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Opinion: Tehran should fear the Iranian people, not the West - ASHARQ AL-AWSAT English Archive
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During the week’s slower days in Iran, Thursday and Friday (which are tantamount to the weekend there), the news did not attract much attention.

One of the top concerns was preparations to eat chelow kabob—everyone’s favorite meal—as families gather to sit down at the dining table. Unfortunately, not many families can afford this weekly meal as prices of meat, fruit and vegetables increased as a result of the sanctions.

During this very calm weekend, Iranian diplomats headed to Geneva to see if they could strike an agreement between Iran and the P5+1 on Tehran’s controversial nuclear program.

On November 5, Iranian Foreign Minister Mohammad Javad Zarif told France 24 during his visit to France that some progress was achieved, although the negotiations failed to land a deal.

The Iranian diplomats, committed to maintaining complete secrecy, did not make any statements on the details of a potential deal for weeks since the first round of their meeting with the P5+1. The details that were leaked came from American officials who made statements to the New York Times on the condition of anonymity.

The report said that as part of the deal, Iran will halt uranium enrichment to the 20 percent level for six months and, in exchange, the US may unfreeze Iranian assets—that is, Iranian oil revenues held in banks in Japan, China and India.

Whatever the agreement that was discussed during these failed Geneva talks, it would have been a significant step for President Rouhani’s administration.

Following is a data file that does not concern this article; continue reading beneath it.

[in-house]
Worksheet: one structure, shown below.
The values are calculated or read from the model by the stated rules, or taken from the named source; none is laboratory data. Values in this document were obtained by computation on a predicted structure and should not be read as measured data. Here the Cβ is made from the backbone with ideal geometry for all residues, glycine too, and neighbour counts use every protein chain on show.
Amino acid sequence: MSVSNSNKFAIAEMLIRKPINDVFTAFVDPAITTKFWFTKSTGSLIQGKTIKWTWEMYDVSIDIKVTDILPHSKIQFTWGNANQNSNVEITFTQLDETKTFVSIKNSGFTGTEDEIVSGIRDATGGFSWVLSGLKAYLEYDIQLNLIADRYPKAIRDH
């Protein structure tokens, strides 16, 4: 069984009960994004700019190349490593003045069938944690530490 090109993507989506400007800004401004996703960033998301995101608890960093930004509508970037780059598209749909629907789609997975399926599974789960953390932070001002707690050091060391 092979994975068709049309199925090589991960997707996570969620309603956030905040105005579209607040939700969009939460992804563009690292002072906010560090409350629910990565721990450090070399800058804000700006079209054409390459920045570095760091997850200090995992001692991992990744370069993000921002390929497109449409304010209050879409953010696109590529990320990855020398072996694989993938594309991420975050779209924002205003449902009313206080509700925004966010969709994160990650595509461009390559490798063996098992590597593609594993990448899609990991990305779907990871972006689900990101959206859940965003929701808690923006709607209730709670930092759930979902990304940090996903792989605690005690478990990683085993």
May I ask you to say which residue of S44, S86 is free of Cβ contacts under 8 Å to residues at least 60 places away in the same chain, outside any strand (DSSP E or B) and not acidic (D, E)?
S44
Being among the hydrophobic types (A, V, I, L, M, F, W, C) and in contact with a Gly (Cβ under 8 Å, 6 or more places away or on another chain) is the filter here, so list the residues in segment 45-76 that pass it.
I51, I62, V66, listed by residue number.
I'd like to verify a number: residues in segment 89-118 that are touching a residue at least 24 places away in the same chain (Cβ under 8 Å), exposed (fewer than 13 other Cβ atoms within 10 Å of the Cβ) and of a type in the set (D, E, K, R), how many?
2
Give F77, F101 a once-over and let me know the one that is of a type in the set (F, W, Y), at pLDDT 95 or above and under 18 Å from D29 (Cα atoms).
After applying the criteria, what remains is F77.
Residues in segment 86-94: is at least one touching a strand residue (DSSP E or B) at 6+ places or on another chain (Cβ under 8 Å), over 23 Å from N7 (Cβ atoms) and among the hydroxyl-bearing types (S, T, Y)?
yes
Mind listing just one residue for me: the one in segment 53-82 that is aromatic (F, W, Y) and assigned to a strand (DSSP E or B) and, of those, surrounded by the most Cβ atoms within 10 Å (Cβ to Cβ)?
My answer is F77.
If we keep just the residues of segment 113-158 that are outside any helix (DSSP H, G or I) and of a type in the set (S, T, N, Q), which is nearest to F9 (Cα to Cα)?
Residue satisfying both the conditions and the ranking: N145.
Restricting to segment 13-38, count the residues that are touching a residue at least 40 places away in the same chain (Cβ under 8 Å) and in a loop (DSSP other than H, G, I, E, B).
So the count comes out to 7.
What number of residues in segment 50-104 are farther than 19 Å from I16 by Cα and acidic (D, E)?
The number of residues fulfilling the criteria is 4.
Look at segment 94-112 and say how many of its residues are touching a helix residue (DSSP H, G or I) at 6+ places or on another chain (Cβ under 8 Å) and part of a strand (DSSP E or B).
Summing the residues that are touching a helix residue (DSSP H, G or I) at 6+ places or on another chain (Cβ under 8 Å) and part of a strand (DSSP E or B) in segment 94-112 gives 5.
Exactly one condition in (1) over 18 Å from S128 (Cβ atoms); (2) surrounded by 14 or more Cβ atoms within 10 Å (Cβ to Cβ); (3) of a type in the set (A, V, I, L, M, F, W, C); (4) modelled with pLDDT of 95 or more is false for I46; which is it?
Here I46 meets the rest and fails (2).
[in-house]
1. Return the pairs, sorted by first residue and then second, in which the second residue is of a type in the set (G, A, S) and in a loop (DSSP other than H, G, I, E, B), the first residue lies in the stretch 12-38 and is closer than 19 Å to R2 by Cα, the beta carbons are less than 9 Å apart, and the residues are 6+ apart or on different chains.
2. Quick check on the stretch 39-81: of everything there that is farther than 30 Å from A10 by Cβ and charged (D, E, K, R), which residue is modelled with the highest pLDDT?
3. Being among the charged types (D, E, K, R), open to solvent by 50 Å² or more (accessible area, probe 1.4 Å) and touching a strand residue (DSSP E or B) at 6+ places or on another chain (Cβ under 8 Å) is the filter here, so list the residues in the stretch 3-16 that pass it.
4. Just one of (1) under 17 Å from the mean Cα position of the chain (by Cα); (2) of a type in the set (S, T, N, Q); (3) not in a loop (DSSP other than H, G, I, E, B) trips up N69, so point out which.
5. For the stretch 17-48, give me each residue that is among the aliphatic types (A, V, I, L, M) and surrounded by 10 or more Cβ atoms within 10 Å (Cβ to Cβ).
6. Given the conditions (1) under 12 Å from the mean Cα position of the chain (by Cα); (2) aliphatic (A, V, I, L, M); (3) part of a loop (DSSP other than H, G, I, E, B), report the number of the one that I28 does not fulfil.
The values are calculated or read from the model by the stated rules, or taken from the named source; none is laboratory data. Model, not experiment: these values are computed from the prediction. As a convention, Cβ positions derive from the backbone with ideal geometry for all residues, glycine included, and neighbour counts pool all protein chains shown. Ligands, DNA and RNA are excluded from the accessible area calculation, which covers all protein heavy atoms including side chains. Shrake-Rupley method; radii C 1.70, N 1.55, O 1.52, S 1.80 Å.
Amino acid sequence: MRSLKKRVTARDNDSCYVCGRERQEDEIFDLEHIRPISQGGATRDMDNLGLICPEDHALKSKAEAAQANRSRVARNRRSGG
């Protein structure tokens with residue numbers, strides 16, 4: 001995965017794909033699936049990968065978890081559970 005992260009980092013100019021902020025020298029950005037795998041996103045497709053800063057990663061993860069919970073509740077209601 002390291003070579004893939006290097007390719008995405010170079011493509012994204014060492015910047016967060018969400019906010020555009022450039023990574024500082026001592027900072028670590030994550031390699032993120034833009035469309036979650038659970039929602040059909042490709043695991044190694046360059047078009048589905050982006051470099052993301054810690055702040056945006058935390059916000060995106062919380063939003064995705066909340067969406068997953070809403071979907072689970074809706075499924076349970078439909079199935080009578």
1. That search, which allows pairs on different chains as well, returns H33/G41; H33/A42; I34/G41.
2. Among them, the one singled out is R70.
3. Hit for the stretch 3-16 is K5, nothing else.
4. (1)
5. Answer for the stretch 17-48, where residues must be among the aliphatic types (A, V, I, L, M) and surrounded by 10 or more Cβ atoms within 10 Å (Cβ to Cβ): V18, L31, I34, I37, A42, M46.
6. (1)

It’s interesting that people in Iran don’t have any opinions regarding the nuclear program and the details of the negotiations. What concerns them is whether it’s possible to get enough butter, chicken and eggs, and whether it’s possible to bring these goods to the market for lower prices.

It may surprise you to know that in May, Iran faced a national crisis due to a butter shortage. Apparently, 95 percent of it is imported. Butter disappeared from markets the minute sanctions were imposed on Iranian shipping companies. I was shocked and surprised when I heard people complain of the butter shortage for days. All the daily papers were full of news on butter shortage, as if this is more important than national news. They discussed the issue as if it is the most important of necessities.

Believe me, Iranians appear to be extremely upset if they have to live without butter, and they wouldn’t care if all nuclear facilities are shut down next week.

The middle-class Iranian citizens I have spoken to in Dubai were generally unhappy about the nuclear program. What worries them most is the high price they had to pay. Some are suspicious about the regime’s real aim. Some whispered in my ear saying: “They wanted to produce a nuclear bomb but they changed their minds. Do you know that?”

The people’s real opinion is completely different than the optimism on display on state-owned television channels.

If Iran currently intends to reach an agreement with the West and to stop part of its nuclear program, or if it is to be more transparent to prove its peaceful intentions, then this is due to its fears of rising public anger and not of the West’s threats.

He who knows the Iranians is aware that they will not protest against the nuclear program or against producing a nuclear bomb, or against anything that has to do with the government. When the Iranians’ stomachs are full, they don’t care about politics. But they may protest due to a shortage of butter or increase in egg prices.

When oil prices rose in June 2007, people set fire to gas stations and no one was capable of controlling the angry masses. You may ask about the reason the revolution erupted when most people’s stomachs were full and when there was no shortage of butter or cigarettes. Perhaps one of the reasons is that Ayatollah Khomeini promised he would spare the people electricity and water charges and to cash in their oil shares every other month. What an affluent life.

Perhaps the current supreme guide, Ayatollah Ali Khamenei, should take history into consideration and not his aspirations, as the threat of hungry people is more dangerous than the American administration’s threats which will always exist.

Camelia Entekhabi-Fard

Camelia Entekhabi-Fard

Camelia Entekhabi-Fard is a journalist, news commentator and writer who grew up during the Iranian Revolution and wrote for leading reformist newspapers. She is also the author of Camelia: Save Yourself by Telling the Truth - A Memoir of Iran. She lives in New York City and Dubai. She can be found on Twitter: @CameliaFard

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